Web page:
Hyperopia or long sightedness refers to an eye condition in which an image is perceived as out of focus due to an eye that is too short. The focal point (the point at which the light rays entering the eye converge) occurs after the retina, causing this visual blur.


The Symptoms of Hyperopia

Hyperopia causes issues during near viewing. People afflicted with this refraction may find distance viewing more comfortable than near viewing.  The blur experienced when viewing near targets may cause difficulty concentrating and focusing when reading, and can lead to headaches following close work tasks. In a child this can manifest and cause poor reading ability. The effort being put into focusing may also cause a child to adopt a very close reading distance, causing eye strain, eye burning and nausea.

Managing Hyperopia

Convex (plus) lenses are given to help converge the light rays and bring the focal point directly on the retina rather than behind it. Contact lenses are also available as an alternative correction if preferred. It is important to note that children with hyperopia may not necessarily report clearer vision through their script, but rather a feeling of comfort due to the reduction in eye strain.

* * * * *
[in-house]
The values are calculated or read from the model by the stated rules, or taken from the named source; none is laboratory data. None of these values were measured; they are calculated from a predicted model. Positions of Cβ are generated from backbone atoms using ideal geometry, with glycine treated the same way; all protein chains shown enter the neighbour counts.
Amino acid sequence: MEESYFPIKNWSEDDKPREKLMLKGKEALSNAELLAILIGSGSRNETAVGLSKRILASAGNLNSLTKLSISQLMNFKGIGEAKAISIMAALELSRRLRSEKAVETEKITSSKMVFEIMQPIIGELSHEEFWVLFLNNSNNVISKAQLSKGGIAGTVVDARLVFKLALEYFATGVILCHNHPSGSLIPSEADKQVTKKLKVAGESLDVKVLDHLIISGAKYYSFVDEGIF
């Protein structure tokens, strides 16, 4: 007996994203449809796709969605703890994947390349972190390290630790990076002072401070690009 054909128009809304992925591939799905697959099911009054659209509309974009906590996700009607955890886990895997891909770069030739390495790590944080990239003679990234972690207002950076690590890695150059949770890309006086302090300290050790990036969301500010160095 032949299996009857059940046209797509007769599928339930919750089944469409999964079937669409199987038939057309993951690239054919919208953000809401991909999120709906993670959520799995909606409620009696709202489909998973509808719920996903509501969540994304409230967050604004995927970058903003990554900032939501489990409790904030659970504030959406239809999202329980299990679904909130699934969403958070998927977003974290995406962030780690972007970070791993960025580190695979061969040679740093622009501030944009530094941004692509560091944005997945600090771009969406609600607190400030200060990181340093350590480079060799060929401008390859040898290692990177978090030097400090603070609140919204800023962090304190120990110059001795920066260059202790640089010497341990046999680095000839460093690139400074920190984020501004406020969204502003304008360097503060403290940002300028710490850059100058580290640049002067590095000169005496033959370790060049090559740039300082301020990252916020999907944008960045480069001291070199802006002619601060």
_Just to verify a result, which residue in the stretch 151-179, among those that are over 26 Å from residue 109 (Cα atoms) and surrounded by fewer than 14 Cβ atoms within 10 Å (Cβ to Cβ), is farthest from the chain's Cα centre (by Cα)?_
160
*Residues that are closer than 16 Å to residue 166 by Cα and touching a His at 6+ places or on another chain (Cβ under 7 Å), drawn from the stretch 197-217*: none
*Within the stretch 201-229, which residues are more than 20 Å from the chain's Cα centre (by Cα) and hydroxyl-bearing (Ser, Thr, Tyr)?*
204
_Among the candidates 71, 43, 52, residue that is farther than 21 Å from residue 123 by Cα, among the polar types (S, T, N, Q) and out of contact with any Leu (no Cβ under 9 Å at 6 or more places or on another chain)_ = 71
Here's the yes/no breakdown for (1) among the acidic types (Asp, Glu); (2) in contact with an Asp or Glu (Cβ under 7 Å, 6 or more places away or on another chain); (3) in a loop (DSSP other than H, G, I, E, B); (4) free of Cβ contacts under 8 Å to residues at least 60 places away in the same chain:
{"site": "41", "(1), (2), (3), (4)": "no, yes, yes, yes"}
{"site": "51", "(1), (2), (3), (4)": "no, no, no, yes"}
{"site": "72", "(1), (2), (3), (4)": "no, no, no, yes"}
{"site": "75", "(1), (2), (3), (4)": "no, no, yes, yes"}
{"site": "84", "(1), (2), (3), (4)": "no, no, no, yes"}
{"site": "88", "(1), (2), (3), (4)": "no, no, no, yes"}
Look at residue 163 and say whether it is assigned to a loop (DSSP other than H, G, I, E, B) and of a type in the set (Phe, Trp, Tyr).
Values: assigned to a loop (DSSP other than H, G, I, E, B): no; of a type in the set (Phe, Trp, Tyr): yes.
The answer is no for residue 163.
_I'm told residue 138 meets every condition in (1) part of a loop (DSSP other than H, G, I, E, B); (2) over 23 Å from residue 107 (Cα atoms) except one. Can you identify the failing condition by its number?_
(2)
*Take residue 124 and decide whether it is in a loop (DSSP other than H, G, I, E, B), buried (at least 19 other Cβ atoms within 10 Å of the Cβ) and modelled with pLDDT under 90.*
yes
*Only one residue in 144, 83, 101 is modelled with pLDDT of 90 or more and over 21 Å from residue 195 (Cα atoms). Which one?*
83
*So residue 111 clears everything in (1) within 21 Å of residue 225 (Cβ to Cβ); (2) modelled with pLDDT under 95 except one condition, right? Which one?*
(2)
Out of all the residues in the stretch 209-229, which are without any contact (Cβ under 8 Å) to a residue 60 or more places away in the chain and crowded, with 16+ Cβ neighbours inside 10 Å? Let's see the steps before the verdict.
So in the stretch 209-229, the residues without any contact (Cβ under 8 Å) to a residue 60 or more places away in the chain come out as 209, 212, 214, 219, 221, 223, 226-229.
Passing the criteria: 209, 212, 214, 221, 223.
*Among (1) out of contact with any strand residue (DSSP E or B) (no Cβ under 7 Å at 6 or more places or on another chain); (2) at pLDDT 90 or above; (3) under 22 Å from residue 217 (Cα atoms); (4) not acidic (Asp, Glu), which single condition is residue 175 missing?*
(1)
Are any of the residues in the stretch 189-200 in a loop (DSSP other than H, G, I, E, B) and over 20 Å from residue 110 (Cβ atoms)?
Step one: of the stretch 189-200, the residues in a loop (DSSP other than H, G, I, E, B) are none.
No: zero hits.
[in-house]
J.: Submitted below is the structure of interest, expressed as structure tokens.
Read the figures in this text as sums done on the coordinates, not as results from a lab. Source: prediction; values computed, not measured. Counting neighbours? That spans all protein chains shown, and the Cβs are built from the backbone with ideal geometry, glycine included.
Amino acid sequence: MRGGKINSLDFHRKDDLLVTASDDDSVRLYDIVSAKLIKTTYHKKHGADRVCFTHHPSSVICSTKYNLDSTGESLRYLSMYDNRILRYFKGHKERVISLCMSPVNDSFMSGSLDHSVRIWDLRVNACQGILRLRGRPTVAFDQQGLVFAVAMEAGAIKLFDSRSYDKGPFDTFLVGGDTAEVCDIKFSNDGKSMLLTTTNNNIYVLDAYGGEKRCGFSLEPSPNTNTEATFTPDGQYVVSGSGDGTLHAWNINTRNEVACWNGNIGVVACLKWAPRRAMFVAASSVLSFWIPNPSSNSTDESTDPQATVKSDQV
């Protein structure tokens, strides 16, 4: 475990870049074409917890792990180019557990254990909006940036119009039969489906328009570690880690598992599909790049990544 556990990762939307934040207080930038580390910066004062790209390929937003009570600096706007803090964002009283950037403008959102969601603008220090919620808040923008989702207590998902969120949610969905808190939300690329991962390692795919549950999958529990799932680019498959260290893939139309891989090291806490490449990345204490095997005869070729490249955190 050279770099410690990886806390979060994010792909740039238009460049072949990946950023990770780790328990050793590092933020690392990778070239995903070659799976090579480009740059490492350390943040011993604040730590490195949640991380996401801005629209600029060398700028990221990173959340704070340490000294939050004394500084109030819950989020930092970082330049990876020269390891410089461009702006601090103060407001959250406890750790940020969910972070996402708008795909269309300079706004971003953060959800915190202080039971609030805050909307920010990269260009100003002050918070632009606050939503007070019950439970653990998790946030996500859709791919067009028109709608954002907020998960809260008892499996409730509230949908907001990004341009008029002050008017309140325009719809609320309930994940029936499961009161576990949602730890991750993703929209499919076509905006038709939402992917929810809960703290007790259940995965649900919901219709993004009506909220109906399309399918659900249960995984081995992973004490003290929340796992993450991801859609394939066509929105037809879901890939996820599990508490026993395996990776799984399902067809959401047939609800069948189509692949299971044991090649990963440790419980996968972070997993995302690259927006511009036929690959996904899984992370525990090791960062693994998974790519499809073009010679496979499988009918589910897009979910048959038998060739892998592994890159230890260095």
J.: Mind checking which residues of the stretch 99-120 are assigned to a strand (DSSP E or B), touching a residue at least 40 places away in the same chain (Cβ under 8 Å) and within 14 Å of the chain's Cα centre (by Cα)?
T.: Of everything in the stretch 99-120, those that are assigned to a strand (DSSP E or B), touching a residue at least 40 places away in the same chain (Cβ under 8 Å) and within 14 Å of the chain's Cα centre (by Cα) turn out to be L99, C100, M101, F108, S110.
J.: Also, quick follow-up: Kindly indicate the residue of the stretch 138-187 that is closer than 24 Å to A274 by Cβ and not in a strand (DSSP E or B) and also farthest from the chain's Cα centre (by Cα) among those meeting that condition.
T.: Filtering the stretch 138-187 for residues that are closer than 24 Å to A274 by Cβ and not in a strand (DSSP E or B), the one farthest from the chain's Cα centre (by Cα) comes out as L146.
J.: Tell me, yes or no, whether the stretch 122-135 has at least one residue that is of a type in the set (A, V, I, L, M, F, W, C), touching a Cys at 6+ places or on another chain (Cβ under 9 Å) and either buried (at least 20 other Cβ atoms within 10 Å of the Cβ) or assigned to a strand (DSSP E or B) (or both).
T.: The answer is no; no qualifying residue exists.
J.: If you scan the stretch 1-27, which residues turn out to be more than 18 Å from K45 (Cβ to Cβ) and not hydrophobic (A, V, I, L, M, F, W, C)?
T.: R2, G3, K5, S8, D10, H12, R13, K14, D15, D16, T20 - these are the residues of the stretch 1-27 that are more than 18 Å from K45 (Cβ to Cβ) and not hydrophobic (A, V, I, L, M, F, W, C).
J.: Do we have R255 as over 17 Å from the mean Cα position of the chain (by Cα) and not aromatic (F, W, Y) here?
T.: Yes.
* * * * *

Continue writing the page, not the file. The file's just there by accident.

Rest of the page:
What Happens It’s Not Corrected

Studies have shown that a child can develop an array of issues if their hyperopia is left untreated. In particular untreated hyperopes who have a significant or uneven prescription can develop an in turning eye (esotropia). They may also develop refractive amblyopia, whereby the eye with the stronger script, or blurrier vision is switched off (suppressed) causing a lazy eye to develop.

Untreated hyperopia has also been linked to learning related difficulties. If a child experiences blurry vision, and vision related migraines due to this blurred vision, it may reflect badly on their ability to concentrate and absorb information in class.

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